But does the Secretary of State truly realise how tightly family incomes are being squeezed in Wales at the moment? Since 1997 the taxes on every family have risen by £5,400, and the poorest 20 per cent. of households now pay a higher proportion of their income in taxes than any other group. Is he at all surprised that personal debt in Wales is rising under his Government?
I am not surprised that there are problems with family finances, because of the matters to which I referred in answer to earlier questions. As a valleys MP and a Welsh Member of Parliament, when I compare what was happening when I entered the House in the late ’80s with what is happening now, I remember that there were tens of thousands of people out of work in Wales, that inflation was running at 15 per cent. and that interest rates had gone through the sky. The problem of debt at that time was hugely more difficult than it is now.
But the Secretary of State knows that the people in the valleys are not interested in a history lesson about the 1980s; they are interested in what is happening to their pockets now. Wales under Labour is the poorest part of the United Kingdom, and any financial attack on the lowest paid affects huge numbers of people. Today, we have learned that the Institute for Fiscal Studies has said that the Chancellor’s quick political fix of compensation for the abolition of the 10p tax rate has backfired, and that 18 million families in the United Kingdom—many of them in Wales—will still end up paying more tax. Why is the Secretary of State standing by and allowing his Government to push Welsh families, who are already struggling, deeper into debt?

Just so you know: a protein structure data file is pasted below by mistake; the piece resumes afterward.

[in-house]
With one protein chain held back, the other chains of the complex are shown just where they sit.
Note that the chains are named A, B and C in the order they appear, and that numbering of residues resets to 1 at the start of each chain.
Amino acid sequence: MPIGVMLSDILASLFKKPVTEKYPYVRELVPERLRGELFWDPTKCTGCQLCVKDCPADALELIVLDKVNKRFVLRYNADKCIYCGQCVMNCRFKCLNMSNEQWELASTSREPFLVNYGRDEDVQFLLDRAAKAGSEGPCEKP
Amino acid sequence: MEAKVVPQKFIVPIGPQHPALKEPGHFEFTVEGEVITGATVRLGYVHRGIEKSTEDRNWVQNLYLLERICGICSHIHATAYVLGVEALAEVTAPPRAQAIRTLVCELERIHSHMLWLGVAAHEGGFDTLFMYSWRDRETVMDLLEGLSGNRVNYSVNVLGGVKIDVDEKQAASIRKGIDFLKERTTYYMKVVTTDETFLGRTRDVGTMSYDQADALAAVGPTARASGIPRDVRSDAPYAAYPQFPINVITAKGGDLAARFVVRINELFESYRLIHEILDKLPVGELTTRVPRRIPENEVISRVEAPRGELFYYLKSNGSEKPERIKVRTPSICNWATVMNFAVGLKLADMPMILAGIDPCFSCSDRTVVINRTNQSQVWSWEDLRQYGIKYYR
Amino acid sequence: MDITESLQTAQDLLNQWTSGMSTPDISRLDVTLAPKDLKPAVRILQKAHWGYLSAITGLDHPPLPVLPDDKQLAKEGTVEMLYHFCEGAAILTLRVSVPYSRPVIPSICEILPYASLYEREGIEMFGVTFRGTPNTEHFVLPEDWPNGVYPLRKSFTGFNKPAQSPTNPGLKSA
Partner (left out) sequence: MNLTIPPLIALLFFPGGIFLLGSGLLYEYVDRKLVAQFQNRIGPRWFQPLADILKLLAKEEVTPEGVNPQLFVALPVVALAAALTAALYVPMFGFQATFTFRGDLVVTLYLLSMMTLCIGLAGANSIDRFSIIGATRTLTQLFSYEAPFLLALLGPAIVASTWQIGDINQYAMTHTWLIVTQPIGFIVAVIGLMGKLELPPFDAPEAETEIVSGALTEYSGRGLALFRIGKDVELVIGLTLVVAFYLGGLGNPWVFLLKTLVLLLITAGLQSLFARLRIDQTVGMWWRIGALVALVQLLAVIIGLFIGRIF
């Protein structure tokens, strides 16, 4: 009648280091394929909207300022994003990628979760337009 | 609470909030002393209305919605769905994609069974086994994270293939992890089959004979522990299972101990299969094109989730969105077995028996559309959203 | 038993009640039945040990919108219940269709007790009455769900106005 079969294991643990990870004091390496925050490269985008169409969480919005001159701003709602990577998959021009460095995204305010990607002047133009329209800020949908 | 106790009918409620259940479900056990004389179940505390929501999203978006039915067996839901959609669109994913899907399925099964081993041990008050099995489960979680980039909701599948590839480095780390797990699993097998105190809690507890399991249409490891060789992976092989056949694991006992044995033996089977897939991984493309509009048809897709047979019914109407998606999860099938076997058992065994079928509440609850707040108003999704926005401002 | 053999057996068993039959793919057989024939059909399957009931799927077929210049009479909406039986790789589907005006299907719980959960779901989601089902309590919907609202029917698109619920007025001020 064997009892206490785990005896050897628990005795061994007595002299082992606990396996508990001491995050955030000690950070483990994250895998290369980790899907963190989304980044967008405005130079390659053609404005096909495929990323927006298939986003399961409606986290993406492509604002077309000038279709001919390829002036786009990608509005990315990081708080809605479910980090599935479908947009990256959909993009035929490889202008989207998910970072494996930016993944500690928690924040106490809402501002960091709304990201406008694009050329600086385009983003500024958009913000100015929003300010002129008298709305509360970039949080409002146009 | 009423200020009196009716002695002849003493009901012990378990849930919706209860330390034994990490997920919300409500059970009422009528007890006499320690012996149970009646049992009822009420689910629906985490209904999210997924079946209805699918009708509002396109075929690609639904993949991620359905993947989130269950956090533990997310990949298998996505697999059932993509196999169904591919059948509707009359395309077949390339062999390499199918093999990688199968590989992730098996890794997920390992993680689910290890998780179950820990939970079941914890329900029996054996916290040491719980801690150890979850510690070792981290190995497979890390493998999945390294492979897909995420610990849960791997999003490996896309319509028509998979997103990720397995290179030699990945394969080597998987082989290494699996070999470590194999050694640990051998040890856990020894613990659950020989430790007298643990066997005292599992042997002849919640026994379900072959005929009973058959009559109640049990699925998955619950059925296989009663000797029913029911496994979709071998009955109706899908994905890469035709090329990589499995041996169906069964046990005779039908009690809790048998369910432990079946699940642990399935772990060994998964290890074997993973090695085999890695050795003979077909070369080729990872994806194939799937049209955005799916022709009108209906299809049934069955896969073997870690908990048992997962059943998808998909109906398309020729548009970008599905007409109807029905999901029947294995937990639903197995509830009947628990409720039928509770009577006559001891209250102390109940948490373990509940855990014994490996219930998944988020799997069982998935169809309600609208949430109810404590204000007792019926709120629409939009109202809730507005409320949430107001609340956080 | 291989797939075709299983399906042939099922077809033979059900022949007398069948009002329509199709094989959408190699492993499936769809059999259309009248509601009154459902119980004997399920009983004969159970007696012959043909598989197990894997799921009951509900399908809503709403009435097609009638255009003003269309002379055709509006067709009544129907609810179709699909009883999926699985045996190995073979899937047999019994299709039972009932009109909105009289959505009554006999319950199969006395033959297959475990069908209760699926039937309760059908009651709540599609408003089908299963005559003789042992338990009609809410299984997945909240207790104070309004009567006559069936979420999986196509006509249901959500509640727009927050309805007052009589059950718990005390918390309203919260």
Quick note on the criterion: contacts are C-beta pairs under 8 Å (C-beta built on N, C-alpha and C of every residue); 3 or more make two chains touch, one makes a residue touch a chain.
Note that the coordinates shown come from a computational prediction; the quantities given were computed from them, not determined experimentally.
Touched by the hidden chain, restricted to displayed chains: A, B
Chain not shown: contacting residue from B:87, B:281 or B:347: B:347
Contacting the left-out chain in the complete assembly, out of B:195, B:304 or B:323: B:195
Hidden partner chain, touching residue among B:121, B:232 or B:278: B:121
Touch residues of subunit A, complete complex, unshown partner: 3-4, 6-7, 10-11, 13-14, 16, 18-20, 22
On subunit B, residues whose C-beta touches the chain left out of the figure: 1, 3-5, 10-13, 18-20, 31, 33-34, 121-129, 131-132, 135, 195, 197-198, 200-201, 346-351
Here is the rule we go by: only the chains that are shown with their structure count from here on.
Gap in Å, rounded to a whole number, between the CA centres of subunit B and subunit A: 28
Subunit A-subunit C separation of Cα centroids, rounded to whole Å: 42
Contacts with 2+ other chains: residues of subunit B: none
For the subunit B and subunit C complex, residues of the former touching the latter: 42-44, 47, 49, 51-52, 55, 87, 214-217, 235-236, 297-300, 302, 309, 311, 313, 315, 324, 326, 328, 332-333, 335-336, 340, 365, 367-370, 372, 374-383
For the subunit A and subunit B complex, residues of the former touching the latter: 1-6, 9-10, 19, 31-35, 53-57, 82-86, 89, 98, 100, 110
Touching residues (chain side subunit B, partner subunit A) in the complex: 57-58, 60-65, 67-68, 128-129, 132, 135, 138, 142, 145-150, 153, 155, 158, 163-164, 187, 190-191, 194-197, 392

I am sure that the hon. Lady will accept that Wales saw the biggest percentage increase per head in gross disposable household income of all the United Kingdom countries and English regions between 1999 and 2006. It was up nearly 40 per cent., compared with 33 per cent. across the United Kingdom. So we have got better off in Wales over the past 10 years. I accept the point that she is making about the problems with family finances, but I would like to point out to her that over 1 million people in Wales—22 million basic-rate taxpayers in the whole of the United Kingdom—will benefit from the changes brought in by the Chancellor last week. Furthermore, 8,000 more people in Wales are in work now than last year. That is in contrast to the thousands of people who were out of work in Wales when the Conservative Government were in power.
Pathways to Work
I welcome the pathways to work programme in Wales, which now extends beyond the original pilot areas of south-west Wales and the valleys to include the whole of Wales. Access to this personal support service across Wales is successfully helping those with health problems or disabilities to find and retain jobs.